cooperation with the Eisenhower Administra-
tion now have a chance to prove the sincerity
of their promises.
More than 20,000 unquestionably valiant
Hungarian refugees are seeking a new home in
the United States. President Eisenhower has
slashed and disregarded the red tape of the
Refugee Relief Act of 1953 in an attempt to
swiftly admit and settle these thousands. His
action still awaits the necessary authorization
of, Congress.
In the past Mr. Eisenhower has asked Con-
gress repeatedly for revision of the act, only
to have his recommendations referred and re-
referred into blind committee channels. The
trouble with the refugee law, as it now stands,
lies not so much, in the insufficiency of immi-
gration quotas, but with the complex of tech-
nicalities involved in admitting the individual
Editorial Staff
Editorial Director, City Editor
GAIL GOLDSTEIN.................Personnel Director
ERNEST THEODOSSIN..............Magazine Editor
JANET REARICK . ....Associate Editorial Director
MARY ANN THOMAS....:...........Features Editor
DAVID GREY. ...................Sports Editor
RICHARD CRAMER.............Associate Sports Editor
STEPHEN HEILPERN..........Associate Sports Editor
VIRGINIA ROBERTSON......... ...Women's Editor
JANE FOWLER...........Associate Women's Editor
ARLINE LEWIS.............. Women's Feature Editor
JOHN HIRTZEL.................. Chief Photographer
Business Staff
DAVID SILVER, Business Manager
MILTON GOLDSTEIN....Associate Business Manager
WILLIAM PUSOR............... Adertising Manager
CHARLES WILSON.................Finance Manager
PATRICIA LAMBERIS............. Accounts Managter

For instance, each refugee is required to have
an individual sponsor in the United States,
and each must be able to show evidence of his,
activities during the past two years. With thou-
sands hurriedly fleeing their homeland, such
restrictions }cannot easily be satisfied.
1HE REFUGEE Relief Act expires in less
than four weeks. Under its present condi-
tions, the United States cannot possibly admit
all the Hungarians seeking asylum here.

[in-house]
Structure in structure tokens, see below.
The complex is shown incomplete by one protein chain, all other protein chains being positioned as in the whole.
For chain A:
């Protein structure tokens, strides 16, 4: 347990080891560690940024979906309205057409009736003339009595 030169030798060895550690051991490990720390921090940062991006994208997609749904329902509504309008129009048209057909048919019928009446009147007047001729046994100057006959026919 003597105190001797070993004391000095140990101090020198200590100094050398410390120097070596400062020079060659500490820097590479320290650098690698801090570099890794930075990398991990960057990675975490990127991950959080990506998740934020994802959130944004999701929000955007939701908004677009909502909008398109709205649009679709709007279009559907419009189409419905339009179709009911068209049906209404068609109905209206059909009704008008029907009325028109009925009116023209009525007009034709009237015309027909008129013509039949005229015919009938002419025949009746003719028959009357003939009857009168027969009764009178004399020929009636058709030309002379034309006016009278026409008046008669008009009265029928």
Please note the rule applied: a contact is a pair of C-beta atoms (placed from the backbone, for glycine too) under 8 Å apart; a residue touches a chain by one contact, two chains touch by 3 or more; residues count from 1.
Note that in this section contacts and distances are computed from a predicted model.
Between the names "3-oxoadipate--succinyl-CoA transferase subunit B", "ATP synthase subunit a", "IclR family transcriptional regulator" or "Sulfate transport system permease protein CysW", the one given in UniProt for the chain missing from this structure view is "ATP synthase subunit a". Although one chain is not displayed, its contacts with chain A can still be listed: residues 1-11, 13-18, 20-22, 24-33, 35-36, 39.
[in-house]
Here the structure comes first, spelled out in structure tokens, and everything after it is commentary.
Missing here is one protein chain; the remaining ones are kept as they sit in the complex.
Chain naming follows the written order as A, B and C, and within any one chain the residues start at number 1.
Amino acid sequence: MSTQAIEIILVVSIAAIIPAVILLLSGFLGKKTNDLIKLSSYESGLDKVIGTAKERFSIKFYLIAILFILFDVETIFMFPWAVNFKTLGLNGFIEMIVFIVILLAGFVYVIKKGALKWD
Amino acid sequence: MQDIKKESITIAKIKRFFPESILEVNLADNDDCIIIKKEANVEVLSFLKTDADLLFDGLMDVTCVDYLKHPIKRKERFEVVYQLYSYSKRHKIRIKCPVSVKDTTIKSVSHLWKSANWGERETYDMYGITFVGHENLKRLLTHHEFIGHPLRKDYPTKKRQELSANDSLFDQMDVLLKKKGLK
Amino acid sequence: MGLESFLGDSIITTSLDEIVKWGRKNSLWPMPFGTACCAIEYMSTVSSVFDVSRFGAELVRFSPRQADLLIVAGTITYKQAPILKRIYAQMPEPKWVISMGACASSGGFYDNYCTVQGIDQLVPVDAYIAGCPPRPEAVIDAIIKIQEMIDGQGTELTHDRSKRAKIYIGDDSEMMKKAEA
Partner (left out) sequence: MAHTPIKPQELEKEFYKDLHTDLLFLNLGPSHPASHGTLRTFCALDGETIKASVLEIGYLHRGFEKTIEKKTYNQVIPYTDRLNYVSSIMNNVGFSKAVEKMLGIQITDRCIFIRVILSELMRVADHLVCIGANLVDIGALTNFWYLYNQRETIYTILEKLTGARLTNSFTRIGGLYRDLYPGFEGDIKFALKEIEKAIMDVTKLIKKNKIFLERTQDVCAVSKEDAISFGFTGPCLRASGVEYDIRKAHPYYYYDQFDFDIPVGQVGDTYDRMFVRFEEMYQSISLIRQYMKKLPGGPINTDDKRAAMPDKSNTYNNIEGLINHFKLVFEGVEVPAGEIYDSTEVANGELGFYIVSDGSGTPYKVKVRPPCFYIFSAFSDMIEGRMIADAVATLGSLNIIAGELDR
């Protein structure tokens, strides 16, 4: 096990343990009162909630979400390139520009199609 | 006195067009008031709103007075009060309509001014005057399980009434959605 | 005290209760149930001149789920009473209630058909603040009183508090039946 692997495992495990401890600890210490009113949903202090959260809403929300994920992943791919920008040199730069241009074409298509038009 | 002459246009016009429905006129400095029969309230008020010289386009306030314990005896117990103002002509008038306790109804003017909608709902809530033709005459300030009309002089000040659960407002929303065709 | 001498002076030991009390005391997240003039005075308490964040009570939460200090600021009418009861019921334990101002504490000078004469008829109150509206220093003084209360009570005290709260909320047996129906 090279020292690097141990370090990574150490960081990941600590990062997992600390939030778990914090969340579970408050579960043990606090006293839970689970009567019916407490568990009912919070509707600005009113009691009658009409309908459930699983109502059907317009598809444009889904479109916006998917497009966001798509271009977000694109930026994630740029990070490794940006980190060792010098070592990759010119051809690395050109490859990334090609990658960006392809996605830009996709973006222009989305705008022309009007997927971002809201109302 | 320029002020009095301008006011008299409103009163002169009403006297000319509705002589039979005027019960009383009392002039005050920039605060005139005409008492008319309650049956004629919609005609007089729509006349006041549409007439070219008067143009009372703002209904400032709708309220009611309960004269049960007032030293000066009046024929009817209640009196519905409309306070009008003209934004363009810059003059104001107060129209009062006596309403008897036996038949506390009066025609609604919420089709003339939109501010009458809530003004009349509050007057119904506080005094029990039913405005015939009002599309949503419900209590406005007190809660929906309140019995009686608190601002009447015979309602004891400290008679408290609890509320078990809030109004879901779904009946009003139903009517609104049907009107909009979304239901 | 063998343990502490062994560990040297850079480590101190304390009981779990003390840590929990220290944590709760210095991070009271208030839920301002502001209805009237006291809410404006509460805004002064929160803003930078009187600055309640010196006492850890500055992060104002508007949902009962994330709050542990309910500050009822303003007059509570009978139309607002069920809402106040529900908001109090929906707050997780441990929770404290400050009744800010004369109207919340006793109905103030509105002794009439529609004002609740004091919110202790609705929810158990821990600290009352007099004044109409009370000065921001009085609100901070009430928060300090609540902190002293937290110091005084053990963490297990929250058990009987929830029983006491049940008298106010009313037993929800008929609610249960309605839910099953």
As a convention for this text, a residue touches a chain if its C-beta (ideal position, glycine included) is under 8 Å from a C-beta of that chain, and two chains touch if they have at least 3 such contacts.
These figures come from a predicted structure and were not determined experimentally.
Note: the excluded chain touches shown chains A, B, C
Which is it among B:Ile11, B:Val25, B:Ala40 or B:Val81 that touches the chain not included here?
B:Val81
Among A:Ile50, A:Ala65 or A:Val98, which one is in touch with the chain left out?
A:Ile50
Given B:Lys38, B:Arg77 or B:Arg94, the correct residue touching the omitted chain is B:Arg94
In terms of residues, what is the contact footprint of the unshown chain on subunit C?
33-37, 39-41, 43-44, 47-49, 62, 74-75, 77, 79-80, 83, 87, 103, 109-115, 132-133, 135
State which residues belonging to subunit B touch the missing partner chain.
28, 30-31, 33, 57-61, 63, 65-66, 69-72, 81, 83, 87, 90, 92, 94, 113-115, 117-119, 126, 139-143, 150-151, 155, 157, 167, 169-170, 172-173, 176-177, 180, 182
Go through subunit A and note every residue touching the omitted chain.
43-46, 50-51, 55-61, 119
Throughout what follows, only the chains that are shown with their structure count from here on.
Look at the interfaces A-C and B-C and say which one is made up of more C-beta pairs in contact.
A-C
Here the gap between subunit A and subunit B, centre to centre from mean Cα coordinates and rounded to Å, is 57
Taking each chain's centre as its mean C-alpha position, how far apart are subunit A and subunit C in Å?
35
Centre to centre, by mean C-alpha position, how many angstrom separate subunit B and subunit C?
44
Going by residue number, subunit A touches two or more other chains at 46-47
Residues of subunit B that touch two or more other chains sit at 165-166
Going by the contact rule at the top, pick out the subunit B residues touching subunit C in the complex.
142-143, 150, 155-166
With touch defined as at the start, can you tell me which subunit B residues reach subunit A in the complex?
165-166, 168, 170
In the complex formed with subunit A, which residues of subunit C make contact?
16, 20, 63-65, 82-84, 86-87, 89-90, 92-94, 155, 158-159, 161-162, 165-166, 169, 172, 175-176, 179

When Congress meets again next month, it
will have an opportunity] to demonstrate its
professed spirit of cooperative effort by quickly
adopting the recommendations of the Presi-
dent in order that we may easily accept these
refugees who have gained the sympathies of
so many Americans.
New Books at the Library
Butcher, Margaret Just-The Negro in Am-
erlcan Culture, Based on materials left by Alain
Locke; NY, Knopf, 1956.
Cleary, Jon-Justin Bayard; NY, Morrow,
Condon, Eddie and Gehman, Richard, eds.-
Edie Concon's Treasury of Jazz; NY, Dial Press
Curtis, Jean-Louis-The Side of the Angels;
NY, Putnam's, 1956.
Huxley, Aldous-Tomorrow and Tomorrow
and Tomorrow and Other Essays; NY, Harper's
Kubeck, James-The Glaendar Epic; NY,
Putnam's, 1956.
"Miss Read" - Village School; Boston,
Houghton, Mifflin, 1956.
Moraes, Frank-Jawaharlal Nehru; NY,
Macmillan, 1956.
Morris, Wright-The Field of Vision; NY,
Harcourt, Brace, 1956.
Reverzy, Jean-The Crossing; NY, Pantheon
Books, 1956.
Rowans.Virminia-The Losing: CounleNY.

British Guiana to Black Market: Murder

Thomas Walsh: THE DARK WIN-
DOW: Little, Brown.
THERE is nothing phoney in
Thomas Walsh's crime novels.
His two earlier titles, "Nightmare
in Manhattan" and "The Night
Watch", were acclaimed by critics
as masterpieces of restrained re-
alism drawn within the limita-
tions of the detective story. Walsh
captures the reader's sympathies
early in this new book by offering
a detective who is no superman,
no Lothario, no resilient human
punching bag. Ray Cassidy is, in
fact, a man who wonders if he has
any courage left in him, after
having caught a slug in a gun
battle. As house detective in a
hotel where a refugee Bishop from
behind the Iron Curtain is lodged,
Cassidy finds murder and with it
the fresh challenge of violence in-
troduced by a group of criminals
who enter the scene intent on ap-
propriating the quarter of mil-
lion dollar fund that has been sub-
scribed by fellow exiles for the
Bishop. The whole case (which
suggests a true life parallel) is
tied up with an exciting chase
scene which punctuates an unu-
sually good detective novel.
CRIMEWRITER Webb, who, in-
cidentally, has no relation to
TV's Friday, brings back in this

viewer noted - on rough count -
at least ten errors in spelling and
punctuation of the Spanish that
was supposed to color up the scene.
This laxness, however, appears as
nothing next to the more serious
crime of sadly mistranslating
along the way one of the most
lyrical poems in Spanish litera-
THIS reviewer was highly en-
thusiastic over the first Gid-
eon book, "Gideon's Day"; so, it
is indeed a pleasure to see the good
inspector of Scotland Yard back
and in top form. The appealing
human warmth of the unspectac-
ular but shrewd and well-trained
detective is again a major factor
in the success the book achieves
over ground travelled by so many